Belz and Burshtyn in Black and White

It was a short trip in early June to Galicia – only three days. But enough to explore Belz and Burshtyn and to take pictures. Today I received the scanned black-and-white films and made ​​a first selection. Here are the results. I have not yet decided which shots I will add to the two photo exhibitions in September. What are your favorites?

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Behind the Flowered Hills

The ride from Lviv (Lemberg, Lwow) to Burshtyn is wonderful. On the Galician hills poppy florishes blood red, our marshrutka (mini bus) passes horse-drawn carts, cows stroll on the road and over all storks are circling – writing enigmatic signs in the sky. Burshtyn, that is in Yiddish and Ukrainian amber. Two synagogues and a Jewish cemetery are preserved.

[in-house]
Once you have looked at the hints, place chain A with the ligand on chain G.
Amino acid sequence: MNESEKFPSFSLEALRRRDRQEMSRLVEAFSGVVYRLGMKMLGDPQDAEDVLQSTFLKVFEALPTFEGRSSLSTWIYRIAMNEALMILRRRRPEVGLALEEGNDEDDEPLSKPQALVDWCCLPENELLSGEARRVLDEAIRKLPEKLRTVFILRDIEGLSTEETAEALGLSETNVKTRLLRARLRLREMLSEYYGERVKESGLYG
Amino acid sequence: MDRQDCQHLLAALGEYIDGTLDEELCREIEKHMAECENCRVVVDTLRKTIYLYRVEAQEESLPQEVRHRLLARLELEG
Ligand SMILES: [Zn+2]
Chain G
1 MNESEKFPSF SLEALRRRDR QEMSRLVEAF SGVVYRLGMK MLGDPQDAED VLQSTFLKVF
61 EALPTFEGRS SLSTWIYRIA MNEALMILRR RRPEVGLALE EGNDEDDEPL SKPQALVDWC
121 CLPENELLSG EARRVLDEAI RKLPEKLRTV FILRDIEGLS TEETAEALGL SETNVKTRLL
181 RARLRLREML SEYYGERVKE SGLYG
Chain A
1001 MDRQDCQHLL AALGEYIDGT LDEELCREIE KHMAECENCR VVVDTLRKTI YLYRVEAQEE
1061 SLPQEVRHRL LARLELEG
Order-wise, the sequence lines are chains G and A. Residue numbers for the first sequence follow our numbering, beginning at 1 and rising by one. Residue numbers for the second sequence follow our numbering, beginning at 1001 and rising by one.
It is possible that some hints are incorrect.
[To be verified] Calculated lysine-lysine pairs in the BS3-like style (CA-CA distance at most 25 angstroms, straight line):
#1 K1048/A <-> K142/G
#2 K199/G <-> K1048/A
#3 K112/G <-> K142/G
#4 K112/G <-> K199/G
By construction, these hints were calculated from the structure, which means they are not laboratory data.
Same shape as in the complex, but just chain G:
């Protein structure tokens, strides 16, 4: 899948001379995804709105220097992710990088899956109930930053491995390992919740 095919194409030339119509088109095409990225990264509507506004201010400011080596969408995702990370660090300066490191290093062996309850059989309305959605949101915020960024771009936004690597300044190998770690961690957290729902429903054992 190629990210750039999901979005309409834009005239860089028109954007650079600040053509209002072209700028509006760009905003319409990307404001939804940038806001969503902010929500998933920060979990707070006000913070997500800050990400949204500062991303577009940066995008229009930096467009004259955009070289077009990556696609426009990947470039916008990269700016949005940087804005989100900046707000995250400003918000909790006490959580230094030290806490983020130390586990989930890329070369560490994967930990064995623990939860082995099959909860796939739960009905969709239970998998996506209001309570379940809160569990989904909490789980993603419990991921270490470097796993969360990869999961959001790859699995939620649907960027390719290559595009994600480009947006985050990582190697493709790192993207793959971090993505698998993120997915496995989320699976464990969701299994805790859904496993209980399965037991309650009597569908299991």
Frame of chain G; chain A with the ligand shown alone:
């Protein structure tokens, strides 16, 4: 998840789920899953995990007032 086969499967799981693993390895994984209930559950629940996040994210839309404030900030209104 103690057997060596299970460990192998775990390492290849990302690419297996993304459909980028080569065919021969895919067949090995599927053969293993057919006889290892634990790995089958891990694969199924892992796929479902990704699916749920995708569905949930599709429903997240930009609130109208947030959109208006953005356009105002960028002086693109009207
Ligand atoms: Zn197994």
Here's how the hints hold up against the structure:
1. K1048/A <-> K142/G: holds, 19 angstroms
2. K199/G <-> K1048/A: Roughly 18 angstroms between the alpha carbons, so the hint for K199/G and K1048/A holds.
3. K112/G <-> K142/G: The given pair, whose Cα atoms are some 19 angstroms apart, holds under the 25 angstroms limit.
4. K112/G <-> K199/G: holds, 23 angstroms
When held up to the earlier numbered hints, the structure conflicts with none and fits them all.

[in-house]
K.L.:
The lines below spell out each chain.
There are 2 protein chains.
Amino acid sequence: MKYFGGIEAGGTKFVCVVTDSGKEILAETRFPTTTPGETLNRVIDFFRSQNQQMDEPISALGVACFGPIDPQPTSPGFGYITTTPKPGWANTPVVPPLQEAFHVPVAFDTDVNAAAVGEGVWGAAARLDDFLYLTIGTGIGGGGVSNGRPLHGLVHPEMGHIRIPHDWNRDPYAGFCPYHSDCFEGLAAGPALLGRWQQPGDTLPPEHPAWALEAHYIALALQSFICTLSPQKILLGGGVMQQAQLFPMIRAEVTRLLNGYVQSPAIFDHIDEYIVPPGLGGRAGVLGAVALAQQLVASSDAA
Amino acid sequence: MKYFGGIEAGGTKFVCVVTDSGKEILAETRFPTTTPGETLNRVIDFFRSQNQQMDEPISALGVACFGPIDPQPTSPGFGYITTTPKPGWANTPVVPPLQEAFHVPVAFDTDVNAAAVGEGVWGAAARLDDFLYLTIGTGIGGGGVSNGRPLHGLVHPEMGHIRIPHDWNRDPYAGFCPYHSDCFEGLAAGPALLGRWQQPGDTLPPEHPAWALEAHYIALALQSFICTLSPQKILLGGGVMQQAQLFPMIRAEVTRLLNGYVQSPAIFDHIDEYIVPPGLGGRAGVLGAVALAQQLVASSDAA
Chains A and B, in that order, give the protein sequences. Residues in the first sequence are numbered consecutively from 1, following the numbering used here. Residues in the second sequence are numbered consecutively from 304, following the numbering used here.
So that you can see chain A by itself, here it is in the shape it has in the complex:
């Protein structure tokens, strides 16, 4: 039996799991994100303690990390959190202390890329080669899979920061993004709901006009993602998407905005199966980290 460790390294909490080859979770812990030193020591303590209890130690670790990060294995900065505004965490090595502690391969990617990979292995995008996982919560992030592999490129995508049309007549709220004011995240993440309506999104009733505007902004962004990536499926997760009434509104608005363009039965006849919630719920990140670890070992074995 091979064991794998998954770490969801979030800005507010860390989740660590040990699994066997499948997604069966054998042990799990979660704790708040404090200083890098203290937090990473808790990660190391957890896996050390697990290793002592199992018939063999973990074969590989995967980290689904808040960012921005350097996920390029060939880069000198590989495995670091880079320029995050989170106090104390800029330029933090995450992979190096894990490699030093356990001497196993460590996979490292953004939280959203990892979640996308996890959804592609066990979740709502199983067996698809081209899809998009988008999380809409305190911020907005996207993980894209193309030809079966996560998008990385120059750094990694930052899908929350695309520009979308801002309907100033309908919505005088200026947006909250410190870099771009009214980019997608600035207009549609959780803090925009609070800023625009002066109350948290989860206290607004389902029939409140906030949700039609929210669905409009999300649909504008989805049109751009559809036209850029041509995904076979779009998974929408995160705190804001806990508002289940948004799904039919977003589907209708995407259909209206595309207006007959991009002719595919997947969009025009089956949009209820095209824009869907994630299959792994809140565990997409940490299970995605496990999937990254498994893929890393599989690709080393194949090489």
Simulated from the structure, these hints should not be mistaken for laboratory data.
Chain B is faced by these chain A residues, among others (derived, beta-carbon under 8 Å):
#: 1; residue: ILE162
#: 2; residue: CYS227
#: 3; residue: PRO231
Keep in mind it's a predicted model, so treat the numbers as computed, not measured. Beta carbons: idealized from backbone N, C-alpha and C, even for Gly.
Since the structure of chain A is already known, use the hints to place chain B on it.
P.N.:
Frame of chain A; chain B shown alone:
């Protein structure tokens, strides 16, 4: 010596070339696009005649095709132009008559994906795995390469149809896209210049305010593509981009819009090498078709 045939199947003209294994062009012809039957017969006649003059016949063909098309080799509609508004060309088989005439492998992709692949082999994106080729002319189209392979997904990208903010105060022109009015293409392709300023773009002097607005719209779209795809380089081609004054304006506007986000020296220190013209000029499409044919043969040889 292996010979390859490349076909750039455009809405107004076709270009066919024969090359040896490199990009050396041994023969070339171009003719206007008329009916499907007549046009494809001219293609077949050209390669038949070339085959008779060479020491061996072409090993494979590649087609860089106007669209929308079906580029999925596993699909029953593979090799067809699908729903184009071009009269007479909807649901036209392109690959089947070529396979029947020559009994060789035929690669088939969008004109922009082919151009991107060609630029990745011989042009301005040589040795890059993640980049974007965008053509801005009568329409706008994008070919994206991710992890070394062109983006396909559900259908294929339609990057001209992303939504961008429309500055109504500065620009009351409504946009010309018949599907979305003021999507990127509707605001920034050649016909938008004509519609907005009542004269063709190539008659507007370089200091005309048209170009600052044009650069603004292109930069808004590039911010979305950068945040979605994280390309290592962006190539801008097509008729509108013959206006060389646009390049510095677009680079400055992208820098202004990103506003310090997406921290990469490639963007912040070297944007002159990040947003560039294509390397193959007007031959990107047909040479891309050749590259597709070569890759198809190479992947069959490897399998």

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A Galician Microcosm

Today I was in Belz. The usual bumpy roads and courageous marshrutka (mini bus) drivers. That alone does not make a story. But Belz turnes out to be unusually beautiful and interesting. Although the town is so small that one can walk through it in no time, it offers many traces of the rich heritage of Galicia. Ukrainian, Polish and Jewish traces.

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Lviv today

Since I was in Ukraine in February incredibly much happened. I witnessed the revolution. When I was back home, everything changed quickly. Russia annexed Crimea, Russian fighters are terrorizing the east of the country now. Ukrainians elected a new President. Now I’m back for a short trip of four days. My first impression: In Lviv, people desire nothing more than a piece of normality. And they celebrate this normality.

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